Officially, the police don’t approve of bhang, Holi’s official intoxicant. Unofficially, it’s about as freely available as SIM cards and cable TV.
“It is illegal. If we get any information about the sale of bhang cupcakes we will take action,” said Sunil Paraskar, deputy commissioner of police (Anti-Narcotic Cell). He was speaking of its rise up the social food chain, from bhang pills traditionally sold at paan shops, to bhang cupcakes now available at fancy pastry shops.
While some paan-beedi and sweet shops have historically been the place to go to for bhang pills, last year, a popular gelateria introduced bhang gelato.
A staff member at one of its outlets said: “We’re offering thandai and paan-flavoured gelato this year, but we’re not sure if we’ll have bhang gelato.”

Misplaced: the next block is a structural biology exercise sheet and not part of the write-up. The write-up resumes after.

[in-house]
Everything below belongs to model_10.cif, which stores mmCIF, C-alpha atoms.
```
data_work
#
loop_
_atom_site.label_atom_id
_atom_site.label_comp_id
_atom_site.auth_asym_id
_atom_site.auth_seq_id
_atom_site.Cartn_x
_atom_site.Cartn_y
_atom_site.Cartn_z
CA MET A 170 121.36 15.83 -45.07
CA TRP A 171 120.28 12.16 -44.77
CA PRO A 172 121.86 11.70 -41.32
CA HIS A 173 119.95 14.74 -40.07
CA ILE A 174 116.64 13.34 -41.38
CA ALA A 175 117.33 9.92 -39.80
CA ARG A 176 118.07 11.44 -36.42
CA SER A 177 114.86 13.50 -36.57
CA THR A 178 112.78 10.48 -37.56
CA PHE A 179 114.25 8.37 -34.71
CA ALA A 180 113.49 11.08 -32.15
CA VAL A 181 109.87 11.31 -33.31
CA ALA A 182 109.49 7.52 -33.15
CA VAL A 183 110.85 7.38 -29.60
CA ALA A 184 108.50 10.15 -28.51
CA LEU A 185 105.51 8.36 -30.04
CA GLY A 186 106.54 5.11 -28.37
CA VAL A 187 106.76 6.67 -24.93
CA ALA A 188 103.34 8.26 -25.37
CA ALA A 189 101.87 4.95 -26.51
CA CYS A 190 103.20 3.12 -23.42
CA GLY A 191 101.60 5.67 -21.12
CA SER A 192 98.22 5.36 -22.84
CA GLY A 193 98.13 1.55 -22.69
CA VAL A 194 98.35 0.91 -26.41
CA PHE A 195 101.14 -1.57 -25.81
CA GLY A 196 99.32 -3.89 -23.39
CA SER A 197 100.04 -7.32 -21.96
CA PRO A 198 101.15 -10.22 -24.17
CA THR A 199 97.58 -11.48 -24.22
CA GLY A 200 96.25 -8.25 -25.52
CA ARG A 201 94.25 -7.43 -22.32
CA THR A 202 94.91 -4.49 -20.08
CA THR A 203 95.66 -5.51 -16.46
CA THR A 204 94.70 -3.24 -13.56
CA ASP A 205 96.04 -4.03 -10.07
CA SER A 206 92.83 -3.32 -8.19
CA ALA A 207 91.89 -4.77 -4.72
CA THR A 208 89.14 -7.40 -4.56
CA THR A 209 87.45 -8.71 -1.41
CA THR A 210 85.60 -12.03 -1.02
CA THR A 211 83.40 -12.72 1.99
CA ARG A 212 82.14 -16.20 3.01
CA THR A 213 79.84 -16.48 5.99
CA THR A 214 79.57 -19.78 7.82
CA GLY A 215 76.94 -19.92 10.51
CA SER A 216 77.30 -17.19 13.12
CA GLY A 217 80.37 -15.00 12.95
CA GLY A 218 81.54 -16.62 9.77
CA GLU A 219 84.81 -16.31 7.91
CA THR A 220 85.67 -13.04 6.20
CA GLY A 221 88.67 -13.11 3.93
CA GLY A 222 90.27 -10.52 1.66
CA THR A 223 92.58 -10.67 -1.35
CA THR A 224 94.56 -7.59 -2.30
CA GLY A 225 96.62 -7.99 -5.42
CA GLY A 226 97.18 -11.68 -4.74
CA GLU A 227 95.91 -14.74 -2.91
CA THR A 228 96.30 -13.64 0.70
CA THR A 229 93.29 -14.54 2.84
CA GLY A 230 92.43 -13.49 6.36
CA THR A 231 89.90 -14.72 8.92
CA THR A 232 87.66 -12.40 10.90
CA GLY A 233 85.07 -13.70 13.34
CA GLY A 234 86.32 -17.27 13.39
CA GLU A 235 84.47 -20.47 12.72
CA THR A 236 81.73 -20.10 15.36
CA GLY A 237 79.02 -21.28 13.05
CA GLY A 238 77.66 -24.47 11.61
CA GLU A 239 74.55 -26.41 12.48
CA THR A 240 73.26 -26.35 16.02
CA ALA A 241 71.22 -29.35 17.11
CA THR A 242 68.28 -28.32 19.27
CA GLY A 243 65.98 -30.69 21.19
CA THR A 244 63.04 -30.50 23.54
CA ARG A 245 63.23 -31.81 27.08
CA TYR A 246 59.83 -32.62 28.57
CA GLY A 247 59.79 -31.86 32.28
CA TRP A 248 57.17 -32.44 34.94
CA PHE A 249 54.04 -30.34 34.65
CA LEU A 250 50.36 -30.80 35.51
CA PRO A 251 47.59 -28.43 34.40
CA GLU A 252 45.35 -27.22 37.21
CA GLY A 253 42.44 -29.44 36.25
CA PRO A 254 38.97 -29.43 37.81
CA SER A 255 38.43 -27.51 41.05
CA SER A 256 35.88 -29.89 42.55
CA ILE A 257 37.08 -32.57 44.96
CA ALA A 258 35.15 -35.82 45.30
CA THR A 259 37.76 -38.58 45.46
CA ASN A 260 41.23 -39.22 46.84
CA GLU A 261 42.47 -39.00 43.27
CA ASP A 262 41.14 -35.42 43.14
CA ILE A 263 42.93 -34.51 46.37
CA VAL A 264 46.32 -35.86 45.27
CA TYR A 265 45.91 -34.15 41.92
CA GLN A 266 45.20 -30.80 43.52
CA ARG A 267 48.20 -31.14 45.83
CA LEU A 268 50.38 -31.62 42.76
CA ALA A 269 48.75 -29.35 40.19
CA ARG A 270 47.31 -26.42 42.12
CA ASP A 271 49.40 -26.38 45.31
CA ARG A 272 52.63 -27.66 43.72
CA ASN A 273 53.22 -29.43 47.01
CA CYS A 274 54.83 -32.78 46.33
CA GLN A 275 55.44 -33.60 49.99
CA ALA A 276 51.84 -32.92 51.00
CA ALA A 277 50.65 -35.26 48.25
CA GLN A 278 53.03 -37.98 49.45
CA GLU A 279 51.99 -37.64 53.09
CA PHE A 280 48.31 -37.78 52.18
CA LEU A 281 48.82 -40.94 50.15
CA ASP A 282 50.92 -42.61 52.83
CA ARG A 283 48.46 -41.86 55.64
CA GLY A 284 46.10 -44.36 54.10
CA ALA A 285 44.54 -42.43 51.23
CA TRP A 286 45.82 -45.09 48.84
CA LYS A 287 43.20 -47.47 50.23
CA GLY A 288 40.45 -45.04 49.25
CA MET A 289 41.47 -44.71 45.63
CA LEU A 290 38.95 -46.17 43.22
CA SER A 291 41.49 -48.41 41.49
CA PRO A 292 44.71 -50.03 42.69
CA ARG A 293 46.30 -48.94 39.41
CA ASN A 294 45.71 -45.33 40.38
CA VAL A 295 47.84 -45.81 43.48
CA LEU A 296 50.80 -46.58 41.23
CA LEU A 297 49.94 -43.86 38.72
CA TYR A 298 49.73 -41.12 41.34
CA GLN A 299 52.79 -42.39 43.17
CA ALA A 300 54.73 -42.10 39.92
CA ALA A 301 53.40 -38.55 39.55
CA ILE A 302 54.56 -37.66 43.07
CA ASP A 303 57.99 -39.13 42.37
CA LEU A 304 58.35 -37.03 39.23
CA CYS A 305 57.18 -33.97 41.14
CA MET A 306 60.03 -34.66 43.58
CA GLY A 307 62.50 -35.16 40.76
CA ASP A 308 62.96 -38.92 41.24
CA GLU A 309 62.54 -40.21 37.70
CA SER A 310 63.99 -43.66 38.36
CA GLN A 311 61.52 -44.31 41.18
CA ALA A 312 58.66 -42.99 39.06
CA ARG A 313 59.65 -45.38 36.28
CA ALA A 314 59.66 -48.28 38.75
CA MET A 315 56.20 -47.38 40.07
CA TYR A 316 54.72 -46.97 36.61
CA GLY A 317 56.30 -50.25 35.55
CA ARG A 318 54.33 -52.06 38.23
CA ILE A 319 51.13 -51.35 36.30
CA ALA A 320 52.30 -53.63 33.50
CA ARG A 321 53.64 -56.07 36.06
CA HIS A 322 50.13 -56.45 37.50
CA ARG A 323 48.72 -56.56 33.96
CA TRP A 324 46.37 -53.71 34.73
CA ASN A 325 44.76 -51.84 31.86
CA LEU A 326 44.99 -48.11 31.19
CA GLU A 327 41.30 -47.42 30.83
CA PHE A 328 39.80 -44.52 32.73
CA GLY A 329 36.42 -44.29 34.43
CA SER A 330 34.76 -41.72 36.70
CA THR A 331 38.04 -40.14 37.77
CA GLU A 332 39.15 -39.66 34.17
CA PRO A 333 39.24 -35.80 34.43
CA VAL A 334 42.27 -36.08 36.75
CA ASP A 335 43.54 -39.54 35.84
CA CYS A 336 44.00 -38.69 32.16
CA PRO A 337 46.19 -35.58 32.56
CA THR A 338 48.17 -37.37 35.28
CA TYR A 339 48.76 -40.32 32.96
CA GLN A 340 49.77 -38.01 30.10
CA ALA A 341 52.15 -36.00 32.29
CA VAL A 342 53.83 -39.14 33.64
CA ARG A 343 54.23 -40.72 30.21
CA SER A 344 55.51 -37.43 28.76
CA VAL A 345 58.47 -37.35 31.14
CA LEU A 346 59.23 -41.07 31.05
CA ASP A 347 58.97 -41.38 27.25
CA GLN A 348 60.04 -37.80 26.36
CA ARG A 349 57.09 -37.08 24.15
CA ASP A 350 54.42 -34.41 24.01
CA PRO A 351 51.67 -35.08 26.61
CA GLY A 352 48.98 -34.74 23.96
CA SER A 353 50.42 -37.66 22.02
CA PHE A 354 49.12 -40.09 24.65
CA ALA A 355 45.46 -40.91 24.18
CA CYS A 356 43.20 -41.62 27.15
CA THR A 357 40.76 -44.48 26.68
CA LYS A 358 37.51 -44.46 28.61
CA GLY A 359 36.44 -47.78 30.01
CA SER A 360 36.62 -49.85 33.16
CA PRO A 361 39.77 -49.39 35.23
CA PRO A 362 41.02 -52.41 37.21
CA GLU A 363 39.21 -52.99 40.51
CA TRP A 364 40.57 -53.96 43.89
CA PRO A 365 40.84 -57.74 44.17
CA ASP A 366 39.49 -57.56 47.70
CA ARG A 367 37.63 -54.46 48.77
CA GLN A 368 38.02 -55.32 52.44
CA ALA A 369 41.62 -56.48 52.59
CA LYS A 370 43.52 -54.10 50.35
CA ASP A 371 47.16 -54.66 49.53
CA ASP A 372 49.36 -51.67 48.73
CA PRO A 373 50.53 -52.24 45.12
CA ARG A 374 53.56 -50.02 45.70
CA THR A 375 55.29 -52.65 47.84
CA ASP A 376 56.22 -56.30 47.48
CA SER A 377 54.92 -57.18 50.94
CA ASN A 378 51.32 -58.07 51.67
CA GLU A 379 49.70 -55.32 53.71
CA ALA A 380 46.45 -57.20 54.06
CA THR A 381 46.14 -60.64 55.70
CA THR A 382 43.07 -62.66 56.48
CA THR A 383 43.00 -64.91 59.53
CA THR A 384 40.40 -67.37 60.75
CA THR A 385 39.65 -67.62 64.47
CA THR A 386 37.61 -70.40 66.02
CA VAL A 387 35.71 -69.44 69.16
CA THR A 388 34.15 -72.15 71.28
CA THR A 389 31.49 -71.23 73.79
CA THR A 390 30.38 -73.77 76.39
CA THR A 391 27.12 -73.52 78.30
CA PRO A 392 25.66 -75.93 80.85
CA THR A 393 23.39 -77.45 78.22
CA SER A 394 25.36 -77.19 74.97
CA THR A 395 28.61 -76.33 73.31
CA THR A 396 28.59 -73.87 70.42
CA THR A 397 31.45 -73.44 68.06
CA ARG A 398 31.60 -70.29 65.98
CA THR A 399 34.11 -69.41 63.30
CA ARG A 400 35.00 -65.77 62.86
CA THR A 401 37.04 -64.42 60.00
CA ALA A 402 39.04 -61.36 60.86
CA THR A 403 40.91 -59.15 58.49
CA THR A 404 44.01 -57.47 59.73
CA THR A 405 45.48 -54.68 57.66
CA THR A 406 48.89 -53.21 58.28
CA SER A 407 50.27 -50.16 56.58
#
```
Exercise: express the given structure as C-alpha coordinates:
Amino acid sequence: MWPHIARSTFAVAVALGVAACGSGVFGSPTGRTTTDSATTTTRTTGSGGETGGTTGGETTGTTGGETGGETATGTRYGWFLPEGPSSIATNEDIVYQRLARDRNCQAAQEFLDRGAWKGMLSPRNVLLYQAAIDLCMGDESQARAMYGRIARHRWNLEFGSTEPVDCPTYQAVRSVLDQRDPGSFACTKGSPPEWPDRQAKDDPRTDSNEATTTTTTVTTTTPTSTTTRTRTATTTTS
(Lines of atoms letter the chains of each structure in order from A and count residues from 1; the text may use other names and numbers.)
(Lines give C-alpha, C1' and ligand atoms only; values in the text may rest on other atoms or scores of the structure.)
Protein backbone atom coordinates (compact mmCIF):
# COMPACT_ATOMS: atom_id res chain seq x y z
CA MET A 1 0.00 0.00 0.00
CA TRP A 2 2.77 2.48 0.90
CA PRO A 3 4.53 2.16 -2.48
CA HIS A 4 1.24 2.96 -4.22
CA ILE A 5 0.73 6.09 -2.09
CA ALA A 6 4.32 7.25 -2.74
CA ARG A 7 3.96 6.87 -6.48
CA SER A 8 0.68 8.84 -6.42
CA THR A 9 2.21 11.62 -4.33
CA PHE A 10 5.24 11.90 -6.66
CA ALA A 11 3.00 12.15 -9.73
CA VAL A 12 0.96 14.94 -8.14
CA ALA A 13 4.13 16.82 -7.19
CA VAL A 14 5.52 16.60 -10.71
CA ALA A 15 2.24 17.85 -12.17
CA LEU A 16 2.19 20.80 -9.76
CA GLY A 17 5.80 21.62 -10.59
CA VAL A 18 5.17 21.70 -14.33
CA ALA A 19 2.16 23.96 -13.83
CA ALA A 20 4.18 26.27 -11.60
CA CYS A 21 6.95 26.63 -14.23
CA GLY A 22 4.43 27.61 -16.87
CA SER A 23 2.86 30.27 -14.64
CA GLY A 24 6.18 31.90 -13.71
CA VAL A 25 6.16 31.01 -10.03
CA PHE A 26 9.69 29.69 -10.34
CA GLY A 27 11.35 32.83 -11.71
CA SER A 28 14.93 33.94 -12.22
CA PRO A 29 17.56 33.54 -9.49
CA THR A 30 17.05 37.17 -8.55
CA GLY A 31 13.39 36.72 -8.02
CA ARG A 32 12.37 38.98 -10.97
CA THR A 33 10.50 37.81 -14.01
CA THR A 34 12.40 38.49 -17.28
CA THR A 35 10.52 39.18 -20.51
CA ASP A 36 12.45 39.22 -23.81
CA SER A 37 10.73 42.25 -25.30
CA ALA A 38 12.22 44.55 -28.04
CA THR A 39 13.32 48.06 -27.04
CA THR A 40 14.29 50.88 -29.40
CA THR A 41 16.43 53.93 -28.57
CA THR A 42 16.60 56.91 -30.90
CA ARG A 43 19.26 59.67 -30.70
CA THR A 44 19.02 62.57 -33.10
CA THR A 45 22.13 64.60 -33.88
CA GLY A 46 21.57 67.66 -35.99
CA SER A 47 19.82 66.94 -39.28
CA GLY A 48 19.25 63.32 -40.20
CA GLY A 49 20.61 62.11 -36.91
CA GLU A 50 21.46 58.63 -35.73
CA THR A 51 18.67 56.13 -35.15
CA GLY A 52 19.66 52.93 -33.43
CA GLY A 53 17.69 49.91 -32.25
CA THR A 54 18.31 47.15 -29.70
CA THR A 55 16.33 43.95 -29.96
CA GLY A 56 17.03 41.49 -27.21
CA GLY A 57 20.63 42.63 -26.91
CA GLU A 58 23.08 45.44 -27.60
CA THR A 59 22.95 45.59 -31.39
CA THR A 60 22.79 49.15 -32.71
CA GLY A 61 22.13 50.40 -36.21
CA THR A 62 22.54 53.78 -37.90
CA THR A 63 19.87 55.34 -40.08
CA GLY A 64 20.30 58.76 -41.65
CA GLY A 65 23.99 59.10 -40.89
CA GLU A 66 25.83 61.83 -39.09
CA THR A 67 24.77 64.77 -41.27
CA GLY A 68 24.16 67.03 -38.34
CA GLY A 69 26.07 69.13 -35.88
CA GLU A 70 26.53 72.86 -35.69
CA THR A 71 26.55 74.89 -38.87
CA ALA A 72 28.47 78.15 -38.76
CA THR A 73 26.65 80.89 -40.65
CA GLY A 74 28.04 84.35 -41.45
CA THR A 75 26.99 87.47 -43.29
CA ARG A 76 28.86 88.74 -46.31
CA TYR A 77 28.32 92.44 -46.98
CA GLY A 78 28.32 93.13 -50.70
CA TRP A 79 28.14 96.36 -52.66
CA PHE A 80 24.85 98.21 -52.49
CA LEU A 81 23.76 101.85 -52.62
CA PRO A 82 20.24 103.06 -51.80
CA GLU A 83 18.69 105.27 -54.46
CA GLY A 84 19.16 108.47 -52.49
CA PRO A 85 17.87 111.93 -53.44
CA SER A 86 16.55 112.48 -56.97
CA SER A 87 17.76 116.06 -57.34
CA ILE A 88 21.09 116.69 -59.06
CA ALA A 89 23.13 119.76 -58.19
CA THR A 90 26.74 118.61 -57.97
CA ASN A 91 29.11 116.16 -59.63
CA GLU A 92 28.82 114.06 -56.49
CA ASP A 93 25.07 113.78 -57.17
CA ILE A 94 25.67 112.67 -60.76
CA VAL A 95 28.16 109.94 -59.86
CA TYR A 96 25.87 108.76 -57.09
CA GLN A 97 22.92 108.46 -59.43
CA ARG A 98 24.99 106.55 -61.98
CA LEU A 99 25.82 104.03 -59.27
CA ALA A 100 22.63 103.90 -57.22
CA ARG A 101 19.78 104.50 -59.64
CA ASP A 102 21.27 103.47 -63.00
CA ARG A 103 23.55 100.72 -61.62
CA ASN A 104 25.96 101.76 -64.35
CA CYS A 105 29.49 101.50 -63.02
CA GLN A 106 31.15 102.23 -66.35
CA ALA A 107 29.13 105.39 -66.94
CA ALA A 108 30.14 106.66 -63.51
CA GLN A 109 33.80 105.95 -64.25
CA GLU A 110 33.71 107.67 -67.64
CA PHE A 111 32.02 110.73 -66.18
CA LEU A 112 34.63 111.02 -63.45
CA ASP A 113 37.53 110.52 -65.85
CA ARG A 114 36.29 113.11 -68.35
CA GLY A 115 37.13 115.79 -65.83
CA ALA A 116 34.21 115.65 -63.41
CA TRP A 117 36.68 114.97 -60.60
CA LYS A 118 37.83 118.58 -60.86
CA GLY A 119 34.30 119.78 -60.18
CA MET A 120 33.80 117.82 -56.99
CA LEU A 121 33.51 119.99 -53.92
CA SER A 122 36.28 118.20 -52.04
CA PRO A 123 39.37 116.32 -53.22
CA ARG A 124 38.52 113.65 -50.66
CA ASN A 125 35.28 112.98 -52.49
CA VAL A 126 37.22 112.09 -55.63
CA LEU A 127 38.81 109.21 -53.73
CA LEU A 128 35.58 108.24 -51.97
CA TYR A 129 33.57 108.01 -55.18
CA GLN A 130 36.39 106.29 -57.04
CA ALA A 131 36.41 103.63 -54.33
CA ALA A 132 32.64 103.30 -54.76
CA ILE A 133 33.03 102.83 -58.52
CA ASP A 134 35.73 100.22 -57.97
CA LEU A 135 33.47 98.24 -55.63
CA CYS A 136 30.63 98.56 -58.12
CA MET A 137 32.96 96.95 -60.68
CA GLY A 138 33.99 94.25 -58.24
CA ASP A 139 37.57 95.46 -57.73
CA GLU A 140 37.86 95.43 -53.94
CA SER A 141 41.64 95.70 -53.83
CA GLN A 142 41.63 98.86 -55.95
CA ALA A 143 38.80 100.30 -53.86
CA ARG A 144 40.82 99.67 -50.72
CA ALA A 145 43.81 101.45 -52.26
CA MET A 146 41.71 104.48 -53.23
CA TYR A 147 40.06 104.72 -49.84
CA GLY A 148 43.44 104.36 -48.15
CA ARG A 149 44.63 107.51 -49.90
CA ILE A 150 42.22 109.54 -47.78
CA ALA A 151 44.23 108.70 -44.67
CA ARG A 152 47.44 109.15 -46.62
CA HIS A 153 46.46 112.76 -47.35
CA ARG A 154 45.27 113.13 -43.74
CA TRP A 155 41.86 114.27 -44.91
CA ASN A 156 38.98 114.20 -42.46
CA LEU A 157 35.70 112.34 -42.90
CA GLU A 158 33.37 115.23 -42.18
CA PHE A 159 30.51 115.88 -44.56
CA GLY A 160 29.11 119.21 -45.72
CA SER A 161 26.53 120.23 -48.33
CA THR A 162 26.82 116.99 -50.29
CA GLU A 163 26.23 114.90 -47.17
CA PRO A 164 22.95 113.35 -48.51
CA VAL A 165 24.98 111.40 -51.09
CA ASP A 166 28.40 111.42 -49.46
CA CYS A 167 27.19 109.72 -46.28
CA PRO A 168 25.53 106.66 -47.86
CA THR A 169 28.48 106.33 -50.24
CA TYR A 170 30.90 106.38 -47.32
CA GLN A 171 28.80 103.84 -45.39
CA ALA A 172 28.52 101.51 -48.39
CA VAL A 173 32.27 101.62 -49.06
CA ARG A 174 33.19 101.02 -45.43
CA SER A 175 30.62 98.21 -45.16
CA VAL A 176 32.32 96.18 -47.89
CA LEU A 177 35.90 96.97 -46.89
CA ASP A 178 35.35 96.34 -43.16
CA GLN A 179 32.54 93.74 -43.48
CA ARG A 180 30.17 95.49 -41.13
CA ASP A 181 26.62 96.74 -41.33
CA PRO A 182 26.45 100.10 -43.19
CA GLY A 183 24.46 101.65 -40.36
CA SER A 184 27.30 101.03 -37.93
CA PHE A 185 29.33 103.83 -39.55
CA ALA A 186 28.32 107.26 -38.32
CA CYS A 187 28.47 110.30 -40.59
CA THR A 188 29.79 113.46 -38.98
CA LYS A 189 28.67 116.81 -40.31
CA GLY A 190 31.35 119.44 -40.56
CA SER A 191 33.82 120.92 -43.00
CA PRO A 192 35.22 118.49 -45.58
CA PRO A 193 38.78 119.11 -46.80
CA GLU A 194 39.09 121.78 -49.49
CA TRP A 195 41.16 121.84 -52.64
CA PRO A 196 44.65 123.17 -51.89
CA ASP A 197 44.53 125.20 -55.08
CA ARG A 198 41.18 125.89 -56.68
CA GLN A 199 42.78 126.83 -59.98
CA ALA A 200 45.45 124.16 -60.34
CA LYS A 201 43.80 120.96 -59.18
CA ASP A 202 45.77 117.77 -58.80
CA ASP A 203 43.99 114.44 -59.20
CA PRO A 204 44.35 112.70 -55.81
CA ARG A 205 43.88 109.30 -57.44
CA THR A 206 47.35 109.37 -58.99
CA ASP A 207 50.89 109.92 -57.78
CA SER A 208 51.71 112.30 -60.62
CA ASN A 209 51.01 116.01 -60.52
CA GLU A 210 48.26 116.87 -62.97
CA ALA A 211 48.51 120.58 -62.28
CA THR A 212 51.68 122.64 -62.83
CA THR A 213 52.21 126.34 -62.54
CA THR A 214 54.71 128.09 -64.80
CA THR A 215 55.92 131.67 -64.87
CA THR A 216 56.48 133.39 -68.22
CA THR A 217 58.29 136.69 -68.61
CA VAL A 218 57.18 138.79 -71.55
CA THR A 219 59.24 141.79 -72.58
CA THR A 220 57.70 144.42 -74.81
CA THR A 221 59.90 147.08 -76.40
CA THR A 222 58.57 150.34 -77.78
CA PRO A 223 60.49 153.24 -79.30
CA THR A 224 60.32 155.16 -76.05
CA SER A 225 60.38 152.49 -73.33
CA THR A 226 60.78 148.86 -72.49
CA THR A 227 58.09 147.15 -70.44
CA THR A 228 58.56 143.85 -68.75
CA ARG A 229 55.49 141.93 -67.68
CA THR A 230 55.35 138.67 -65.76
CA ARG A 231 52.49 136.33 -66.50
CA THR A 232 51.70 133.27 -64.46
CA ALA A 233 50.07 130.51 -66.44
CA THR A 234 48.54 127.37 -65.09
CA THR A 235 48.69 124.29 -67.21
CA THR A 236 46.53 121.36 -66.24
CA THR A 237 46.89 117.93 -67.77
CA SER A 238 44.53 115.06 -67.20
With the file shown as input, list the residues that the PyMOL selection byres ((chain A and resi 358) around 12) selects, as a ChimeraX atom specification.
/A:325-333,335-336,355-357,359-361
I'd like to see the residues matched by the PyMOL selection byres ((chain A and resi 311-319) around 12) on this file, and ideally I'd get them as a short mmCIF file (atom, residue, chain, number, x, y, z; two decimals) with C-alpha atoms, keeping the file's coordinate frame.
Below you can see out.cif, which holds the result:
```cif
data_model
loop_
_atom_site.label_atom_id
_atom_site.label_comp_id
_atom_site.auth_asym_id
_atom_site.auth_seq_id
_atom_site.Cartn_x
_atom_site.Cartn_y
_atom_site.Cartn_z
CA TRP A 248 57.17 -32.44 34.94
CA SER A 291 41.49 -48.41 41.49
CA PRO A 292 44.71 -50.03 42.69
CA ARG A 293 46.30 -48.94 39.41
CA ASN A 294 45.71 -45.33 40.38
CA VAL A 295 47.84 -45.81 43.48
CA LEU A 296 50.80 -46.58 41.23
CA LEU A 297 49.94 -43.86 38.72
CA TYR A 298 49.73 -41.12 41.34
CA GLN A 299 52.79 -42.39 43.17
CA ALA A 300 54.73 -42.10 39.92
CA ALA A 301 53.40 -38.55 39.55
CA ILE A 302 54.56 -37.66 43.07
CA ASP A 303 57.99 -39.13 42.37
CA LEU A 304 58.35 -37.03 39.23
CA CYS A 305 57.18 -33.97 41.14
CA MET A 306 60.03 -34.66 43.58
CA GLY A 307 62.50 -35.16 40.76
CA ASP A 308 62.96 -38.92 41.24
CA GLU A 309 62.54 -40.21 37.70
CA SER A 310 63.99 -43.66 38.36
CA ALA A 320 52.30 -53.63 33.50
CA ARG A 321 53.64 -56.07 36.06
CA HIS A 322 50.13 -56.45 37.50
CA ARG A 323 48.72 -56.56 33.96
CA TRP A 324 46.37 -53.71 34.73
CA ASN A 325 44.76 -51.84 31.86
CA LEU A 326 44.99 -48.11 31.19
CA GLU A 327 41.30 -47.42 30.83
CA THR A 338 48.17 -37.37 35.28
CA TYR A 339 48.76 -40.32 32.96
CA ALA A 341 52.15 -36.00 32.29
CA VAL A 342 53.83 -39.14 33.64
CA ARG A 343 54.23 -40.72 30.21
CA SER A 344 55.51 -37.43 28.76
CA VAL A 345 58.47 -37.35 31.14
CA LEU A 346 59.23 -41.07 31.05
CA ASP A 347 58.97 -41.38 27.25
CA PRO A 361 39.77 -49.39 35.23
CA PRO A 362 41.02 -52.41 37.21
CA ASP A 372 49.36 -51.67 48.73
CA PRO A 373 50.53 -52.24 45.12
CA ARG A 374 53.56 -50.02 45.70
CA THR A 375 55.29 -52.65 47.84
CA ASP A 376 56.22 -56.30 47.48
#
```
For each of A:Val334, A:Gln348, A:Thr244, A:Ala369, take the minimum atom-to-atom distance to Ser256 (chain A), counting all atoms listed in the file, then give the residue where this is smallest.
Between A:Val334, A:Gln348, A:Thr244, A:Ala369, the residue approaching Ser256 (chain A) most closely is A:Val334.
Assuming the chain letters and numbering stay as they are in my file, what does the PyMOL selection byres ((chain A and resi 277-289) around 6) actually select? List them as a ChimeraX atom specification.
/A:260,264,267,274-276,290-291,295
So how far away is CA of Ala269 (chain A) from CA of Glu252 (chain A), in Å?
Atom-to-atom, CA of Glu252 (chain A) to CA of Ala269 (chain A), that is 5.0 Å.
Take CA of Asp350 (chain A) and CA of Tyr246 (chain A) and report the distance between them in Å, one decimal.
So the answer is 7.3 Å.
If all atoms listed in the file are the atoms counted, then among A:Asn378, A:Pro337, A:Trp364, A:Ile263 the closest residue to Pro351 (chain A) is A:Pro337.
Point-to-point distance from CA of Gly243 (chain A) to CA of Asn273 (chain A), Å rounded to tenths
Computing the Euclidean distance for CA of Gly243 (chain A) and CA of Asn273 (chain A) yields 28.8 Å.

Businessman Asheesh Vohra (25, name changed) buys 10 litres of bhang mix every Holi from a sweet shop near the Mumbadevi temple in south Mumbai. He said: “There are several places that sell bhang in bulk near the temple. You can also get small bhang sweets at Rs 5 for three.”
The owner of a paan shop near the temple said: “Bhang is available here all year round. We sell pills for Rs 15 each. The police don’t interfere because this is religious and everybody does it openly.”
Then there’s the Bandra dairy that is popular for its fresh bhang pills (Rs 20 each) and bhang thandai (Rs 20 a glass).
“The police will never bother us for one day of a holy festival,” the owner said.